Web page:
"I like to joke that the only education necessary to administer polio vaccine is the ability to count to two," Hull said in a recent lecture at the Johns Hopkins University School of Hygiene and Public Health. "This has allowed us to use millions of non-medical volunteers."
Oral polio vaccine is part of the WHO-recommended childhood vaccines used worldwide. For most of the decade, however, the eradication campaign has employed a strategy of supplementing routine vaccination with massive events called "national immunization days" (NIDs). Officials choose a day--usually in the cool, dry season, when polio is in low prevalence--in which all children under the age of 5 in a country are given polio vaccine, regardless of whether they have been previously vaccinated.
"Running an NID is like running an election," said Bruce Aylward, 37, a Canadian physician and long-time WHO field worker, who two years ago was chosen to lead the final stage of the eradication campaign.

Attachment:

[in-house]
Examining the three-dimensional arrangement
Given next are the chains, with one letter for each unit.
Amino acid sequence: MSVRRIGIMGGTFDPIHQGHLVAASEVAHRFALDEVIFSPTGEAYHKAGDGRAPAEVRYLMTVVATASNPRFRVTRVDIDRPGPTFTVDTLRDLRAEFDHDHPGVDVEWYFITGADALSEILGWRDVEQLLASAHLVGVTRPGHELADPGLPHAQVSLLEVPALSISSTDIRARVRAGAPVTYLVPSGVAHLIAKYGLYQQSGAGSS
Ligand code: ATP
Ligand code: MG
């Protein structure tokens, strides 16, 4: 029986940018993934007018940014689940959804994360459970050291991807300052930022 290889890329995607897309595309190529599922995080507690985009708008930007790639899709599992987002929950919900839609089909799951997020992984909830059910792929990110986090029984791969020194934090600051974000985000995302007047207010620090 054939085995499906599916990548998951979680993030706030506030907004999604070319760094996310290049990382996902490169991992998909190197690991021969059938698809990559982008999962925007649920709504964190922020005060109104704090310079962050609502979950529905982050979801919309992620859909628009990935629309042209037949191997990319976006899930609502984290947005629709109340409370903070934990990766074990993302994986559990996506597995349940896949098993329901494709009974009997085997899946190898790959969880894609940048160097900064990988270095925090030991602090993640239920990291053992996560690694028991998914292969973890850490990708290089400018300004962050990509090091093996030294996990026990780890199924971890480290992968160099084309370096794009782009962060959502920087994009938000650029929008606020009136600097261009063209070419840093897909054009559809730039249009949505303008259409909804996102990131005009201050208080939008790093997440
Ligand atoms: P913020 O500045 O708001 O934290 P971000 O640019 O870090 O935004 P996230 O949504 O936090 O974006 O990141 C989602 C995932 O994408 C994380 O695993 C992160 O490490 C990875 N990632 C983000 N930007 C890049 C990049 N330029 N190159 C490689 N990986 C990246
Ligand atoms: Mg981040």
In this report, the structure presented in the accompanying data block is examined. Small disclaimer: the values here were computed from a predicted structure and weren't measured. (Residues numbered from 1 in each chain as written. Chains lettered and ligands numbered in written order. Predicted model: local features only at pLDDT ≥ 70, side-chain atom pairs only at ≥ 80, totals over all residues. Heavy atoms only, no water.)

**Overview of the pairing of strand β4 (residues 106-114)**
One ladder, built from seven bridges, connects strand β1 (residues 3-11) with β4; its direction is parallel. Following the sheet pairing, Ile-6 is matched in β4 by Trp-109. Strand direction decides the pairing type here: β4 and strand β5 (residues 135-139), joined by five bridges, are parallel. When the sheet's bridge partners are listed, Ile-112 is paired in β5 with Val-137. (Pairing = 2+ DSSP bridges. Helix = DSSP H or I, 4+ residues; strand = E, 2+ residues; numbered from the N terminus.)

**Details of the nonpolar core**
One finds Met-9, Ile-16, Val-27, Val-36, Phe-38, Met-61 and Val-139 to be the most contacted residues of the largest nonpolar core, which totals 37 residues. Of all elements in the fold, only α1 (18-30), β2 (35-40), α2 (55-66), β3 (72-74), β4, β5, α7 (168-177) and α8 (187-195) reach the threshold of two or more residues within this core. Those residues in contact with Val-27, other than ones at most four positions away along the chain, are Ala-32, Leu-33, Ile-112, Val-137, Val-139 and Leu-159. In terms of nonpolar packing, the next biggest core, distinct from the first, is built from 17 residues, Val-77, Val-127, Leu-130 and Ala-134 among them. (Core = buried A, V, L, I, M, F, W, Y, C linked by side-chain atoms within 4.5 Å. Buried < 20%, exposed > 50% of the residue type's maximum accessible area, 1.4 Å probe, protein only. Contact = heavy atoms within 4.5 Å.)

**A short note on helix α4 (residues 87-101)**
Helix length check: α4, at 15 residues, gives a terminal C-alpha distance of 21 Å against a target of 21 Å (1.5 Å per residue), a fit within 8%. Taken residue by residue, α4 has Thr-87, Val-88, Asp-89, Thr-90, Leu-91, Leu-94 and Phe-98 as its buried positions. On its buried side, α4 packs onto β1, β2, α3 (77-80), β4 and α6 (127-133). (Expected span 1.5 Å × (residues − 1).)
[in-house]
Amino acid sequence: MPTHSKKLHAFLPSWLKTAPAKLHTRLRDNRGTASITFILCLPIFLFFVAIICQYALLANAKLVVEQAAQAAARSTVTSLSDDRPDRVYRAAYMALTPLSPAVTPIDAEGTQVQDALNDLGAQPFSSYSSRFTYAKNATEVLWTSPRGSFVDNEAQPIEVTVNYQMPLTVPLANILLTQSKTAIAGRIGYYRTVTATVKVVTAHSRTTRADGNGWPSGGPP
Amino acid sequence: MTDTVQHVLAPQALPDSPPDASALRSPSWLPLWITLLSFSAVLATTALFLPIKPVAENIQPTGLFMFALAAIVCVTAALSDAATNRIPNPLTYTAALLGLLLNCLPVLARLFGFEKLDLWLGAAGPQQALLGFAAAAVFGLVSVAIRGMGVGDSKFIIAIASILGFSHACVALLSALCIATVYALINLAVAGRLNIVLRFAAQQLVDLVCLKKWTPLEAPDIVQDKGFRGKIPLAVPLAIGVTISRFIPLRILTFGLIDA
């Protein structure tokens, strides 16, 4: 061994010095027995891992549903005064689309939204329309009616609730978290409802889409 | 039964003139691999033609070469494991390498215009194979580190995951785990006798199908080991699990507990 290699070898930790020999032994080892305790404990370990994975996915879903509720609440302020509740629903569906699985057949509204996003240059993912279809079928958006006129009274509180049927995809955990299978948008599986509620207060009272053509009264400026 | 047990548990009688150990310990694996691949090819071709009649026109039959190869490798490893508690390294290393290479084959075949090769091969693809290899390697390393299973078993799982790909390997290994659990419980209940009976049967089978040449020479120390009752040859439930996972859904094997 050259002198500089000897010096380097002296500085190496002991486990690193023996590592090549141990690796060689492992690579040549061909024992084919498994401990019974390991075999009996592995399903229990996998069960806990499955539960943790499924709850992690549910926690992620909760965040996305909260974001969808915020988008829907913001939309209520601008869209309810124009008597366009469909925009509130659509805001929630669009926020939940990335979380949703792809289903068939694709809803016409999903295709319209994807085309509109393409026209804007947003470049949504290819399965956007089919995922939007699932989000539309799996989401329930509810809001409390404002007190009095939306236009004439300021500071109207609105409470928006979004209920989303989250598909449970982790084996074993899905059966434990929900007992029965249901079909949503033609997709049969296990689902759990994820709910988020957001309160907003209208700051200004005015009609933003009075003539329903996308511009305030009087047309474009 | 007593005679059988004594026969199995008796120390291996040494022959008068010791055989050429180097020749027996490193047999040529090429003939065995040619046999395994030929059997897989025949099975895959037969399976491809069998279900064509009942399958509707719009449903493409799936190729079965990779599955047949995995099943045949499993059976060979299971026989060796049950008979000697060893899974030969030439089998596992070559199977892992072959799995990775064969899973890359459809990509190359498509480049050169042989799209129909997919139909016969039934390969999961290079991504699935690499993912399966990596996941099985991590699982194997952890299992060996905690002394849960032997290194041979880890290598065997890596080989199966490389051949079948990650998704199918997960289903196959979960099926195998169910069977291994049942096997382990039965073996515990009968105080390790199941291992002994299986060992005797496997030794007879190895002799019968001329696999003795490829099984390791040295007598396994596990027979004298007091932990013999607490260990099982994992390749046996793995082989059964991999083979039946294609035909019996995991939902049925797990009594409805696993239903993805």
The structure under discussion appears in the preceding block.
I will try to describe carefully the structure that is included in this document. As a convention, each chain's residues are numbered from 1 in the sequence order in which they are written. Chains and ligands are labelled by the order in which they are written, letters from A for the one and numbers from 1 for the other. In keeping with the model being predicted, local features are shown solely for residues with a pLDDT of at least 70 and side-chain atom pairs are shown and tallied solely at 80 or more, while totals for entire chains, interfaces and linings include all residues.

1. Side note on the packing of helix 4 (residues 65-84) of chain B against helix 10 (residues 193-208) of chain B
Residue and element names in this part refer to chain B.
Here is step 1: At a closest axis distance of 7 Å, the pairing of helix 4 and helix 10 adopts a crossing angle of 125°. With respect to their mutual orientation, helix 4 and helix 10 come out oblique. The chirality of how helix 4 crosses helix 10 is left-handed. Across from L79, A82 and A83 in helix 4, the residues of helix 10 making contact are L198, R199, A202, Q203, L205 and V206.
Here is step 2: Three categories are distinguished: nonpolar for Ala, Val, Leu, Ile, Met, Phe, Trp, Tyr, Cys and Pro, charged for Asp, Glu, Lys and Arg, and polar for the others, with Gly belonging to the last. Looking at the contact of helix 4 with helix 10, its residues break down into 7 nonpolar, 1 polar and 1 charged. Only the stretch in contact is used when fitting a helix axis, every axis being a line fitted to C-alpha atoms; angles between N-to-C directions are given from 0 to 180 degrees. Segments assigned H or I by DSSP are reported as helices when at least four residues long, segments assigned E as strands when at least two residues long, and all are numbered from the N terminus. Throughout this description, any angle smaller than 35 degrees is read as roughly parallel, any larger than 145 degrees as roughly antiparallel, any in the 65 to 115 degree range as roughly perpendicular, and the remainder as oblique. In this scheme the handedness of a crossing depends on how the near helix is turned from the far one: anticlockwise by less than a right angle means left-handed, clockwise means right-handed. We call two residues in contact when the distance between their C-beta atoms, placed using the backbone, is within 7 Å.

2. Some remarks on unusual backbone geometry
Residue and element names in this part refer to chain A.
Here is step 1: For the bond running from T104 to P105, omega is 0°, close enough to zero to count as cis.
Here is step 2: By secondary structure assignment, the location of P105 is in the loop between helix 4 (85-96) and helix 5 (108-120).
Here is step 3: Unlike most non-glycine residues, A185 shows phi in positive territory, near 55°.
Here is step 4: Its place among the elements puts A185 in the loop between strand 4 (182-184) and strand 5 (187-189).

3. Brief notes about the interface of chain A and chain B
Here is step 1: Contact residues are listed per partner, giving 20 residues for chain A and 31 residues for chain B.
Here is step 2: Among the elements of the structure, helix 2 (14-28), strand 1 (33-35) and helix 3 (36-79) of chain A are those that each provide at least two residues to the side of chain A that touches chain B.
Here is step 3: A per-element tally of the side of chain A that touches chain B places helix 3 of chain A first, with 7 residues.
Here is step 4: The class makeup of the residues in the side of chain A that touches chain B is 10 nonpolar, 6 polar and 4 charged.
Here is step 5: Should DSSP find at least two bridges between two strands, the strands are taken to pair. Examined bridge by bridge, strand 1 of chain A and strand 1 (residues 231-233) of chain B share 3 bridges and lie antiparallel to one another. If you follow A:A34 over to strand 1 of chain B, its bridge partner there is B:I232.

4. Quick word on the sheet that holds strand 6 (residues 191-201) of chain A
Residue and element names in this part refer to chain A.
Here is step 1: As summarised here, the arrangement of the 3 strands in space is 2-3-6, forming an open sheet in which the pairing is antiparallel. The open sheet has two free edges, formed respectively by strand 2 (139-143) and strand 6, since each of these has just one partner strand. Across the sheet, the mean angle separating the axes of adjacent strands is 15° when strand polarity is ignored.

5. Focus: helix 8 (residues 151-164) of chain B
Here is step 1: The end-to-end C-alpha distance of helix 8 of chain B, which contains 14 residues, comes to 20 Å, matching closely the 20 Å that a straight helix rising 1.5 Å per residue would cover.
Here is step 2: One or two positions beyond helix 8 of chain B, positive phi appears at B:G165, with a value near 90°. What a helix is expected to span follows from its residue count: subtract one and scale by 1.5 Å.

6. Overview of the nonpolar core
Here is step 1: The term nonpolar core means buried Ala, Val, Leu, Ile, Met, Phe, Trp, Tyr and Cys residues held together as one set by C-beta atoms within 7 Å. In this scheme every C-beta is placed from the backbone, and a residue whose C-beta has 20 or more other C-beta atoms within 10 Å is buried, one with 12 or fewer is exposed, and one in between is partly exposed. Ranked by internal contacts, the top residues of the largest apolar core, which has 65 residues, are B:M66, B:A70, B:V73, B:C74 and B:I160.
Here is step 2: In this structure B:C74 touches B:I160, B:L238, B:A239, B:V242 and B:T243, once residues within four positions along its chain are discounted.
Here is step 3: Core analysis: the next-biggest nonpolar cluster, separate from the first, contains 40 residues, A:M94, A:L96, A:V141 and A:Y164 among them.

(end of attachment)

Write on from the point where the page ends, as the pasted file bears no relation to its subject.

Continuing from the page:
In many ways, the logistical obstacles to such events are advantageous, Aylward said, because they require everything from national governments to village councils to buy into the effort. And because NIDs are done in pairs one month apart, at least once a year, the commitment is lasting.
In December 1996 and January 1997, NIDs were held in Bangladesh, Burma, China, India, Nepal, Pakistan and Thailand. In all, 243 million children were vaccinated--about 38 percent of the world's children under age 5. On Dec. 7, 1997, 127 million children were vaccinated in India. Five weeks later, 134 million were vaccinated.
Cease-fires have been brokered in Sudan, Sierra Leone, Angola and several other countries so NIDs could be held. In his lecture at Johns Hopkins, Hull showed a photograph of the president of Sierra Leone seated on a couch next to his chief adversary in a bloody civil war. The two leaders and an aide to each wore "Kick Polio Out of Africa" T-shirts.